Franken-Trojan Steals $4M from North American Banks

Researchers at IBM have discovered a new piece of malware that has stolen $4 million from more than 24 American and Canadian banks in just a few days.

Numerous credit unions and popular e-commerce platforms were also said to have been targeted.

IBM said that the hackers combined code from two malware types, known as Nymaim and Gozi, to create the unholy hybrid dubbed GozNym—a franken-trojan, if you will.

“Cyber criminals have specialties just like their white-hat counterparts. By taking bits of code from different pieces of malware, they are able to create their malicious payload quicker than writing everything from scratch,” said Travis Smith, senior security research engineer at Tripwire, via email. “This will reduce their time to exploit and increase potential profits from criminal activity.”

The Trojan is both persistent and powerful. IBM said that from the Nymaim malware, it leverages the dropper’s stealth and persistence; the Gozi ISFB parts add the banking Trojan’s capabilities to facilitate fraud via infected Internet browsers.

“The end result is a new banking Trojan in the wild,” IBM said in the analysis. “Internally, GozNym works like a double-headed beast, where the two codes rely on one another to carry out the malware’s internal operations.”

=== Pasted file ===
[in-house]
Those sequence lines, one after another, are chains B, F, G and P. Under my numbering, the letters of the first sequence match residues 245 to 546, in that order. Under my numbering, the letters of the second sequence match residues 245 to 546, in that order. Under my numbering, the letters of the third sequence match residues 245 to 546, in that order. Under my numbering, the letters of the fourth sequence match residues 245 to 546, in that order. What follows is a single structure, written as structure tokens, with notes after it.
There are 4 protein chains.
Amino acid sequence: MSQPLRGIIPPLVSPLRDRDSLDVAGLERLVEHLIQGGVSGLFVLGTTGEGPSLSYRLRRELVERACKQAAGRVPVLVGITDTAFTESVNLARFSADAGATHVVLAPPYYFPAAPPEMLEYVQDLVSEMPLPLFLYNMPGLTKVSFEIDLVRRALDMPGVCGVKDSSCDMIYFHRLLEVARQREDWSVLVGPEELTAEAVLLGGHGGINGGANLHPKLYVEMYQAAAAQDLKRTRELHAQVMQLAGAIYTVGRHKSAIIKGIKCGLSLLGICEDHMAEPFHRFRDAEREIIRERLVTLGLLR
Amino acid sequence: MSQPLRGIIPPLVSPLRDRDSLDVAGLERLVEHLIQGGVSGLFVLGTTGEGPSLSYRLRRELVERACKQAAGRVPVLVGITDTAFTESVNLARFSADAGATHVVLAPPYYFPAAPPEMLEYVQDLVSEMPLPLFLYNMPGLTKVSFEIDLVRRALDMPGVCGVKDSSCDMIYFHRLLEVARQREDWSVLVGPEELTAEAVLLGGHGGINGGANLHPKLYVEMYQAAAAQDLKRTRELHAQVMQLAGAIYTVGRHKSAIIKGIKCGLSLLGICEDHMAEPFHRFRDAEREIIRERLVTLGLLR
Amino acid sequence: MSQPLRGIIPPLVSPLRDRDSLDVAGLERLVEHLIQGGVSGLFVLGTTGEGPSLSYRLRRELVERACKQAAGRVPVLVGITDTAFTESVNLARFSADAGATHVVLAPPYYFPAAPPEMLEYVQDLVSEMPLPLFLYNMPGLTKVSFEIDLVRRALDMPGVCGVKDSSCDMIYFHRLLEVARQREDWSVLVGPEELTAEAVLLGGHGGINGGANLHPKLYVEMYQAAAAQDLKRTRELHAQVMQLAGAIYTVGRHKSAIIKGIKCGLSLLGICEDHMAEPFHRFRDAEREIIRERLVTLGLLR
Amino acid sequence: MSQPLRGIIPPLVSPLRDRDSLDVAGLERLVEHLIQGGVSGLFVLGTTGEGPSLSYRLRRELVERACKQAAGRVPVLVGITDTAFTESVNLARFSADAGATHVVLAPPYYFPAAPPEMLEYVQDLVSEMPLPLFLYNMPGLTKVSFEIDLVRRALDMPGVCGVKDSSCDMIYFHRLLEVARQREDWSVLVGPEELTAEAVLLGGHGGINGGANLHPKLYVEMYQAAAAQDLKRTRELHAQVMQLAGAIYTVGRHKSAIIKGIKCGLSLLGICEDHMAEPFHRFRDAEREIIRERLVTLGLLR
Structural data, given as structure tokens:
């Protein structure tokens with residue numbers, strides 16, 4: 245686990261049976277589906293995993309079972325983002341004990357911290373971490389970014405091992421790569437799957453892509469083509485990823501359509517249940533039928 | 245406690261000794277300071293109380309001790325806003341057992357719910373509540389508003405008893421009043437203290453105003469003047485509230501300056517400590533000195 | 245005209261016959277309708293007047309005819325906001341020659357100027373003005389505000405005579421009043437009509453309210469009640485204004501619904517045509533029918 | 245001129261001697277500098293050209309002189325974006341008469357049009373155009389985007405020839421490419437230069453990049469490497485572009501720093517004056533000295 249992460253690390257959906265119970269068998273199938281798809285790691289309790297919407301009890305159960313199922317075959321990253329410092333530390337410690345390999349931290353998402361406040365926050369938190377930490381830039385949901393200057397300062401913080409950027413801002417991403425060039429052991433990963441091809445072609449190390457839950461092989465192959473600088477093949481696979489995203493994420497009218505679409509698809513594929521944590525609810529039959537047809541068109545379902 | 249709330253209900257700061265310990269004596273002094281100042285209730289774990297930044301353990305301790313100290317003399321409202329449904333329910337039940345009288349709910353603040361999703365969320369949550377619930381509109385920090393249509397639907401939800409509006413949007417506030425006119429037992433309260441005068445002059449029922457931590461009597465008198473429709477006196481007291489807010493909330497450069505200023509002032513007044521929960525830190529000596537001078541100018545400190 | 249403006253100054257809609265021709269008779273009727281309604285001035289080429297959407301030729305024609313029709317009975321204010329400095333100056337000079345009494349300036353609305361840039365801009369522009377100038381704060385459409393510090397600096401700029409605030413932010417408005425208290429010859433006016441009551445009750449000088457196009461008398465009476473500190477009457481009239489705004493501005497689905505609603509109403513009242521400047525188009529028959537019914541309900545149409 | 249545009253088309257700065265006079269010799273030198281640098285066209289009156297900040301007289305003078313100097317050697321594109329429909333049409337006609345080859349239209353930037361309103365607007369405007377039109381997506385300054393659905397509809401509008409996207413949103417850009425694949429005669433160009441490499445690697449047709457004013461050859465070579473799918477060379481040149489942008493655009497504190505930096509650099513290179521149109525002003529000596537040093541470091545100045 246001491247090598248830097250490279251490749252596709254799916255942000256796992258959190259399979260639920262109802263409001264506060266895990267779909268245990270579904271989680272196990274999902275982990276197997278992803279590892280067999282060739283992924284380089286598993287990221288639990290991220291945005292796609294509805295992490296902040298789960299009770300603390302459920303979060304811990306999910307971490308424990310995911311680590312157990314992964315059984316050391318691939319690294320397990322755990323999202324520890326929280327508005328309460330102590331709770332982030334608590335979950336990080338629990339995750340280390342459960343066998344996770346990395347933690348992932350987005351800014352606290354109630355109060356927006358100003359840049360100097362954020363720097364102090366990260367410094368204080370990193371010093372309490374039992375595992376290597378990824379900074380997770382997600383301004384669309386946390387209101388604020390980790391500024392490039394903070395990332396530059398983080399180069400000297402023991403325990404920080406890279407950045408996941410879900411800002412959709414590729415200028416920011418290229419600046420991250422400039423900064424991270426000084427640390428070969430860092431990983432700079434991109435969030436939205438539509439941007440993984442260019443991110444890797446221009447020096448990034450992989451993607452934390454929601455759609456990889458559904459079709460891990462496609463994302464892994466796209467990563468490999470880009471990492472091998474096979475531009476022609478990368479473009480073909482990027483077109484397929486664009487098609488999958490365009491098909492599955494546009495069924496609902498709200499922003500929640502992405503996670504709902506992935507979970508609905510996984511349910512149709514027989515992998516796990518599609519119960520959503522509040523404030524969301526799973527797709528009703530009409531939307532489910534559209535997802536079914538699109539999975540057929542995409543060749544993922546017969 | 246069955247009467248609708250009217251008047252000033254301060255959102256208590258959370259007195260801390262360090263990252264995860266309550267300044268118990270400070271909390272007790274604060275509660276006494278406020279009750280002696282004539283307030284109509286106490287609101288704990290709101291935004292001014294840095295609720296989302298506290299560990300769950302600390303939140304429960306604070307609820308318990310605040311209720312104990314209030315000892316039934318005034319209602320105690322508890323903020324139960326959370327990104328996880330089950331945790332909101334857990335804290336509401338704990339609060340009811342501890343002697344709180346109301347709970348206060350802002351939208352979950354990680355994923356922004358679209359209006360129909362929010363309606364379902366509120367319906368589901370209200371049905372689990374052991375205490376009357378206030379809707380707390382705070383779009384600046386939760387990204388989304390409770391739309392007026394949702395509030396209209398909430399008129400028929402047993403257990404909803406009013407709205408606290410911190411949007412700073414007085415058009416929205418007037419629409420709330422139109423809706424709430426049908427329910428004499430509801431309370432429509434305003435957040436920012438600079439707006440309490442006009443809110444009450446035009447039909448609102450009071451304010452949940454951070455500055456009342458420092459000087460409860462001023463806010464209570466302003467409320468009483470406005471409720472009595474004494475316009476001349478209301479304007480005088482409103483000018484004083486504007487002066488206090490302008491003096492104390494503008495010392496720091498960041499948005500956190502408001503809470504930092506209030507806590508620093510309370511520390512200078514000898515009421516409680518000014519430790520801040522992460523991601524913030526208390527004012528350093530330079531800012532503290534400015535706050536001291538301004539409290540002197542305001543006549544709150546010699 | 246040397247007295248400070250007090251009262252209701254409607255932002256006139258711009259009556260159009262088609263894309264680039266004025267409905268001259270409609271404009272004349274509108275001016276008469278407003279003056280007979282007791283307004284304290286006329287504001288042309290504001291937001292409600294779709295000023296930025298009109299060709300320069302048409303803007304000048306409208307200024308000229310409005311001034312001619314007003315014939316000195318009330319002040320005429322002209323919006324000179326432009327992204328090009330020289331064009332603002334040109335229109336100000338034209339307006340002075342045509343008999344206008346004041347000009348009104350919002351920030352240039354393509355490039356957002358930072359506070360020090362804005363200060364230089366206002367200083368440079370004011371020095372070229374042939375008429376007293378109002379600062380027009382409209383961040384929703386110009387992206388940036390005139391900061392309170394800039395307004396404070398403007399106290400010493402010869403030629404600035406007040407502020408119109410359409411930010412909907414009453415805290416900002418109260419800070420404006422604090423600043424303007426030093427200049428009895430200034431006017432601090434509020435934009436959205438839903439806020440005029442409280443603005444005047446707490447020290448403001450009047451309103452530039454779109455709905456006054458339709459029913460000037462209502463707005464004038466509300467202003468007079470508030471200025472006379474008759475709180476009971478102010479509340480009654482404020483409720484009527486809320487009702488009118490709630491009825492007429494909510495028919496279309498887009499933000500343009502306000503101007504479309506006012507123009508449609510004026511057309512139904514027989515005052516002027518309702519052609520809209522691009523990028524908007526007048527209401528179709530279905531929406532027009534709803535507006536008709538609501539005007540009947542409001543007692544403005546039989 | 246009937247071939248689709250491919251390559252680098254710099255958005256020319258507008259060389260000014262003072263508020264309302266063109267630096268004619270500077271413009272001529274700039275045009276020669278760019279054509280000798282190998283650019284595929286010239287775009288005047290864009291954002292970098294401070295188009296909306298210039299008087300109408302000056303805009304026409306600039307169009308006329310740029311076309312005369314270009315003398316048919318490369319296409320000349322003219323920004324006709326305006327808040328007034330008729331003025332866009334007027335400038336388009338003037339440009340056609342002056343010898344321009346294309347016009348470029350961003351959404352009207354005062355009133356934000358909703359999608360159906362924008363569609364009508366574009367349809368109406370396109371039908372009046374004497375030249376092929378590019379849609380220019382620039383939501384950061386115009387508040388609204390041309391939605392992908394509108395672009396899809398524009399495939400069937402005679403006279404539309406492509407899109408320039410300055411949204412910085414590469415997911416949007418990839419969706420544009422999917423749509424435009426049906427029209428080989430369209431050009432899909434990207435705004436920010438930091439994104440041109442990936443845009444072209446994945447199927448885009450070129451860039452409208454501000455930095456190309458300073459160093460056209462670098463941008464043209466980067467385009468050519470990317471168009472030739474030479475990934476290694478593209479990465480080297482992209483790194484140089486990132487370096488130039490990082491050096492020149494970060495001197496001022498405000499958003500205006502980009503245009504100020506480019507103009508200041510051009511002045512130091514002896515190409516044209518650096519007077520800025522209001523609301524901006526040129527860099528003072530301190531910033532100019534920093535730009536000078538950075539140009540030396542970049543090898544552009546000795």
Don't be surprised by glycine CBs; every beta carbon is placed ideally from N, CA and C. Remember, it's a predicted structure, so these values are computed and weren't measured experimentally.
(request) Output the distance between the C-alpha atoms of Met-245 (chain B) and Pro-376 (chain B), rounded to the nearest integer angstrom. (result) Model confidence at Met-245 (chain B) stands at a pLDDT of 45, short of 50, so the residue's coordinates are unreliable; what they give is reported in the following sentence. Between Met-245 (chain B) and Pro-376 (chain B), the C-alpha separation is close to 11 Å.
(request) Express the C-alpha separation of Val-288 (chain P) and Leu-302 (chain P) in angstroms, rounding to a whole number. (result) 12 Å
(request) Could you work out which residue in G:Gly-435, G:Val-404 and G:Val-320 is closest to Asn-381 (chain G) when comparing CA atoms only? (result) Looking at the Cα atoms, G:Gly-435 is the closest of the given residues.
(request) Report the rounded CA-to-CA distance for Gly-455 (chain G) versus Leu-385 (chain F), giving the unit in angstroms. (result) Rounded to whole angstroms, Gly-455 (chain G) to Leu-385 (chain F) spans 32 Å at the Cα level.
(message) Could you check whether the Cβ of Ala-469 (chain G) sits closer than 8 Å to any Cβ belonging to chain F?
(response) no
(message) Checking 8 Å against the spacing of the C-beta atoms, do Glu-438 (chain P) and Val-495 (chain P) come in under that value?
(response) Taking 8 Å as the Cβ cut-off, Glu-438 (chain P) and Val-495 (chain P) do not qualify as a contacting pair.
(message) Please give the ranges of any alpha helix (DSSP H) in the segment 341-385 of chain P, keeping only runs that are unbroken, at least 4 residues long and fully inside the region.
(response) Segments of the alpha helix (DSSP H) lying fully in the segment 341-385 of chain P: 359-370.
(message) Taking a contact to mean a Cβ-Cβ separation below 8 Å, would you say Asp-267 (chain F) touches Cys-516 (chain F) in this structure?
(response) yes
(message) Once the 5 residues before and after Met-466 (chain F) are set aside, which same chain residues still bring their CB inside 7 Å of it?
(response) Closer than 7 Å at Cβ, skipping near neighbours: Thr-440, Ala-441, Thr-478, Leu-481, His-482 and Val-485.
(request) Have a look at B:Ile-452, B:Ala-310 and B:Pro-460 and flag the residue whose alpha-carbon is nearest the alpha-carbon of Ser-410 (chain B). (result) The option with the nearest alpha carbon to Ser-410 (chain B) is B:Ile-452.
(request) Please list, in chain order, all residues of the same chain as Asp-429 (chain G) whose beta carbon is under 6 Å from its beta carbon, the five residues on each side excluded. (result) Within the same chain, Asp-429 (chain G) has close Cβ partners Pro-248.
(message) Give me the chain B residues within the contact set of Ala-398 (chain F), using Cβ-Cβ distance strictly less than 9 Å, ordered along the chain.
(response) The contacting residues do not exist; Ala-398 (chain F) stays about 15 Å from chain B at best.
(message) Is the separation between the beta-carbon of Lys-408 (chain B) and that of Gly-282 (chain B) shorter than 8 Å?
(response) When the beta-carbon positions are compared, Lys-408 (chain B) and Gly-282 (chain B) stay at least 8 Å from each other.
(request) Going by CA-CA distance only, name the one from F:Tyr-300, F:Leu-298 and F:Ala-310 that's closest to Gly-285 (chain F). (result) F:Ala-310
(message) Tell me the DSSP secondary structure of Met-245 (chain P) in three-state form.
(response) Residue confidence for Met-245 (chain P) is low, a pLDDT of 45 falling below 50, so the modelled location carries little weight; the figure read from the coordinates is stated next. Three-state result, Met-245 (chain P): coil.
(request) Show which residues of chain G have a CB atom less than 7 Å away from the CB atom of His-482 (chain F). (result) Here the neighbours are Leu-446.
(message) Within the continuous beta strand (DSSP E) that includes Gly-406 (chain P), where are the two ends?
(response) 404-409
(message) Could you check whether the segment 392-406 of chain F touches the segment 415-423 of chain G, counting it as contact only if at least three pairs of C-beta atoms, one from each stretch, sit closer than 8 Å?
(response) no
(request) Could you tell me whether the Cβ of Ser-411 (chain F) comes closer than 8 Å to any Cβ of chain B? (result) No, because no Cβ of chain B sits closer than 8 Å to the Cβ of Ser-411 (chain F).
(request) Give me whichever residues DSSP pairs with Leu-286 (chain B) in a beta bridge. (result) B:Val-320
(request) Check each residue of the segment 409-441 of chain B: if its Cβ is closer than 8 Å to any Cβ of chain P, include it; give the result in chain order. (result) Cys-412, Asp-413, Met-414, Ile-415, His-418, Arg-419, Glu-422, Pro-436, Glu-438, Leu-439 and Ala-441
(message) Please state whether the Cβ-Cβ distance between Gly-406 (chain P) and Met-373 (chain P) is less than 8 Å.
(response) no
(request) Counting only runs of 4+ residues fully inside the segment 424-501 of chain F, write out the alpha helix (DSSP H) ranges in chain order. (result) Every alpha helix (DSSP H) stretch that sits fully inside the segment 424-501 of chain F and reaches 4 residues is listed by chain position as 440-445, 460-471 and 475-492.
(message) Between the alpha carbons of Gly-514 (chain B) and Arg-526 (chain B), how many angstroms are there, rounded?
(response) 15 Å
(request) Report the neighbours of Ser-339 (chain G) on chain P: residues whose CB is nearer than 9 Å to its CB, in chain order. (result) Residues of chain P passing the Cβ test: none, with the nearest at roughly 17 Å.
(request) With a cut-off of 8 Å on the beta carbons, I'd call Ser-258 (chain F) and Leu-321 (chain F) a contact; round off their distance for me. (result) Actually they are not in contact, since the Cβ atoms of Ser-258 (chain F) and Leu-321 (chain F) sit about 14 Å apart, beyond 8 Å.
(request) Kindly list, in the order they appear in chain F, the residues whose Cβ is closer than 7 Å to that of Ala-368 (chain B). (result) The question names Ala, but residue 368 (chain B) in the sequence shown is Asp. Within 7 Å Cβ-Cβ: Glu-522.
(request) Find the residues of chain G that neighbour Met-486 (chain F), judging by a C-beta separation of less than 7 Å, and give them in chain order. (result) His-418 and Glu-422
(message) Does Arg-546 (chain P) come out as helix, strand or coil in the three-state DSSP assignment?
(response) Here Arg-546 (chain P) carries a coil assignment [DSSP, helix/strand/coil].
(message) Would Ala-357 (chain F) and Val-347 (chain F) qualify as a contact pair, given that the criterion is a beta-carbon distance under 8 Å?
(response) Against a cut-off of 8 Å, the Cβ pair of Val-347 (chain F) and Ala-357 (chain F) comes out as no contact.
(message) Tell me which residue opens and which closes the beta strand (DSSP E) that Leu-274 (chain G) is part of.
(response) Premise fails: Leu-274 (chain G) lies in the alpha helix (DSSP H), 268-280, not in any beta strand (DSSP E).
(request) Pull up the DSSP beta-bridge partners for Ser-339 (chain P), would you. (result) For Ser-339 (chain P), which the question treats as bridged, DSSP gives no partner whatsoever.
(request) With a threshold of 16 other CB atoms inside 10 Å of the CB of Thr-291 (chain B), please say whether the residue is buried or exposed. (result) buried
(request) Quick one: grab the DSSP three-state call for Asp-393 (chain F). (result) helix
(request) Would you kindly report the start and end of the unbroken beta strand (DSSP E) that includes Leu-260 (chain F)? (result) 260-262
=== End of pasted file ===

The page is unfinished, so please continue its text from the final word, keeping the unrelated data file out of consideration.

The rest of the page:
Gozi’s underground purveyors have made a bit of a business out of selling partial pieces, according to Andrew Komarov, chief intelligence officer at InfoArmor.

“They have changed their model and sell some specific modules to different malware projects,” he told us. “You may see posts about ‘Gozi for rent’ for $400 per week, supporting web-injects for Chrome, IE, Firefox, and have modules similar to well-known online banking Trojans like Zeus and SpyEye (VNC, key logger—used for successful online-banking theft).”

Because the source code for both Gozi and Nymaim has been leaked online, security professionals should have been prepared, some argue.

“One would think that once a bad guy has crawled in an unlocked window once everyone would remember to lock it up from then on,” said Jonathan Sander, vice president at Lieberman Software. “When you walk by and see the open window and the missing valuables, all you can do is sigh, close it up again, and hope folks may heed your warning this time around.”

Photo © wk1300mike

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